Monday, July 8, 2013

A science of language?

A large part of the fascination which language holds for many is that it is one of the key markers of our humanity. Language is at the heart of human culture and human consciousness. Tense and aspect mark our sense of time, grammatical mood our sense of possibility, personal and possessive pronouns our very sense of identity and how we see ourselves as relating to other people and things.

Partly because language is an inextricable and defining part of us – and at once social and individual – it is impossible to clearly define a science of language in the way most other sciences can be defined.

To what extent should the study of language be subsumed into psychology and neuroscience? Language is behaviour, and the human language faculty can only be said to be understood to the extent that the neurological processes which drive it are known.

On the other hand, language is also a cultural object which can be studied in its own right, both structurally and historically.

It's hardly surprising, then, that, since its rise to prominence in the 19th and 20th centuries, linguistics has, as sciences go, been unusually riven by competing frameworks and approaches, and these divisions have, if anything, increased over time. (Though I sometimes wonder how different things might have been if the later-20th century's most prominent linguist had not been such a relentless intellectual warrier and contrarian!)

Ultimately, the divisions between the sciences are merely for practical and administrative purposes: the quality – and worthwhileness – of research is not generally determined by discipline-specific but rather by more general criteria.

But I don't want to get into an abstract discussion about the unity of science or related matters. I really just wanted to make the point that language represents not so much a subject area as a number of interrelated subject areas. And, because the phenomenon of language can be approached from very different directions, it is difficult, if not impossible, to pull all these perspectives – and the knowledge implicit in them – together.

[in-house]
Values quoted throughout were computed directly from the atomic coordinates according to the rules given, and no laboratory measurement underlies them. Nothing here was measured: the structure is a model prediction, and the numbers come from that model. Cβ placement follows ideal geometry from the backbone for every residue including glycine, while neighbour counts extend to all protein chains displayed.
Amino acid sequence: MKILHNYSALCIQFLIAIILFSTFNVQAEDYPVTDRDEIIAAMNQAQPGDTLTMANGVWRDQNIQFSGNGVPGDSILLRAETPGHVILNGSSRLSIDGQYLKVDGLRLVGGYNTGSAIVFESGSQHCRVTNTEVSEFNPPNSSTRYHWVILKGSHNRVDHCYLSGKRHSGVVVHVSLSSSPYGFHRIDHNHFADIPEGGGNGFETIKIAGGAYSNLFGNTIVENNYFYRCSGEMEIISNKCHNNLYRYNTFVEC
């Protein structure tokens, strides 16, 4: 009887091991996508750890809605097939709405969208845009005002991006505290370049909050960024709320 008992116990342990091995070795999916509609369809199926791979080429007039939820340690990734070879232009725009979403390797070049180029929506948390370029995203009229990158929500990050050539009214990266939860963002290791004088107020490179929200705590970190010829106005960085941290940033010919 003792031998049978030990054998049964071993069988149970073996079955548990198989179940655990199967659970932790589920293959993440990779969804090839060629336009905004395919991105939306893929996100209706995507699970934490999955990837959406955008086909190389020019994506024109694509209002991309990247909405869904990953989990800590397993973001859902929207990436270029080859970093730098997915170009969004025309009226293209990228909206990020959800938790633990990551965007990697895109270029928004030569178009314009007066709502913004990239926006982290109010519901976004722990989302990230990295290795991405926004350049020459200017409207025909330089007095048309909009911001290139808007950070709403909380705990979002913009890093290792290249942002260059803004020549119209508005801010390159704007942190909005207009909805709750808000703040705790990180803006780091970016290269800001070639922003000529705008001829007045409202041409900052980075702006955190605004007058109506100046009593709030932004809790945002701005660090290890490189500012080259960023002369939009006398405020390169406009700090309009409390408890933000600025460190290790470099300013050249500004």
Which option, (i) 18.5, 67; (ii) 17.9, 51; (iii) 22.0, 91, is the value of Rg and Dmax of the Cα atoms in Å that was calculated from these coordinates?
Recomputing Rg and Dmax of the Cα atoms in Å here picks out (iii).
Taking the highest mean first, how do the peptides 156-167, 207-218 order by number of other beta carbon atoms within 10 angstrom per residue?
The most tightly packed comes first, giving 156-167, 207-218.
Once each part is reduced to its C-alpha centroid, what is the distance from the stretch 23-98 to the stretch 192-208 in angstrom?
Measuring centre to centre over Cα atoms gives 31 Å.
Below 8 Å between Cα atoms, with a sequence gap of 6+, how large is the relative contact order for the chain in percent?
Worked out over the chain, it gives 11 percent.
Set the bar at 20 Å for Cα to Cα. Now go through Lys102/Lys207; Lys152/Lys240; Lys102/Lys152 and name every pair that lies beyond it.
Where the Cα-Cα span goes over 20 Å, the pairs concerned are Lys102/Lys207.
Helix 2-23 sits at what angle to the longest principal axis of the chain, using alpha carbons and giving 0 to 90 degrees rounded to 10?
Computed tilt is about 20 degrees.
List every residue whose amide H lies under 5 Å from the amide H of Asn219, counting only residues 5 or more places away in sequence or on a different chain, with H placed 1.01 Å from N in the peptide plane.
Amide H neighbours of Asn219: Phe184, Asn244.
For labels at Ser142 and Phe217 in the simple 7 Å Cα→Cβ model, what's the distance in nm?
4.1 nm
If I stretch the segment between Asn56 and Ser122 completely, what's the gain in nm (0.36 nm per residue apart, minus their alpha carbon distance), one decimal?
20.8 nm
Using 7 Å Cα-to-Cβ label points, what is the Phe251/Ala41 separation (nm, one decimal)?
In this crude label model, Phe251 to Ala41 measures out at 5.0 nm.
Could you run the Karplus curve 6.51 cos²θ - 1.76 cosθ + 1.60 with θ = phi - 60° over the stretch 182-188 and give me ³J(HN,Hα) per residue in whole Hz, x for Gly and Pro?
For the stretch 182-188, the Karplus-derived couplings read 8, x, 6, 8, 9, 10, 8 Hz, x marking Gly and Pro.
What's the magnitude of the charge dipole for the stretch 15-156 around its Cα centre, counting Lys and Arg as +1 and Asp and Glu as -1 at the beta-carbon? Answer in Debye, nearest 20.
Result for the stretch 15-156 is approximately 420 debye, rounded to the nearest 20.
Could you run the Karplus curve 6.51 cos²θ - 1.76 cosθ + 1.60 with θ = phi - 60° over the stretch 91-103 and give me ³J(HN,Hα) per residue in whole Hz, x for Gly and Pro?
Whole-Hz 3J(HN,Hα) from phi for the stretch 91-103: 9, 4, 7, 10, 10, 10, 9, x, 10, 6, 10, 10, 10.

Perhaps, then, the best we can do is to focus on specific questions which may happen to relate to language in one way or another and to renounce as unrealistic the desire for a comprehensive understanding of the phenomenon of language per se.

I'll finish by mentioning a couple of language-related topics which I have been thinking about lately.

Last month I referred to the ideas of Simon Fisher and Matt Ridley on culture-driven gene evolution. The work of Fisher and others has shown that the FOXP2 gene has a crucial role to play in human linguistic abilities. The gene occurs in other species in slightly different forms and it plays various roles. Interestingly, it has been shown to play a key role in vocal expression in both birds (canaries and finches) and chimpanzees as well as in humans. Neanderthals are now believed to have had exactly the same form of the FOXP2 gene as modern humans.

I can't help thinking that the question of the origin of language retains its fascination in part because it promises to reveal something important about who we are and where we came from.

This is, I think, largely an illusion based on the idea that the abrupt discontinuity we see between ourselves and our nearest relatives (chimpanzees) always was. But intermediate forms did exist (until relatively recently, in fact).

In practice, I think we tend to assume, consciously or unconsciously, that our species has an essence.

It hasn't. Nonetheless, the development of human language as we know it does mark a clear historical and cultural discontinuity.

On a more practical note, I have also been thinking about the reputed benefits of bilingualism. It has been claimed, for instance, that bilingualism can delay the onset of the symptoms of Alzheimer's disease by about five years. I have some reservations about the significance of these claims. More another time.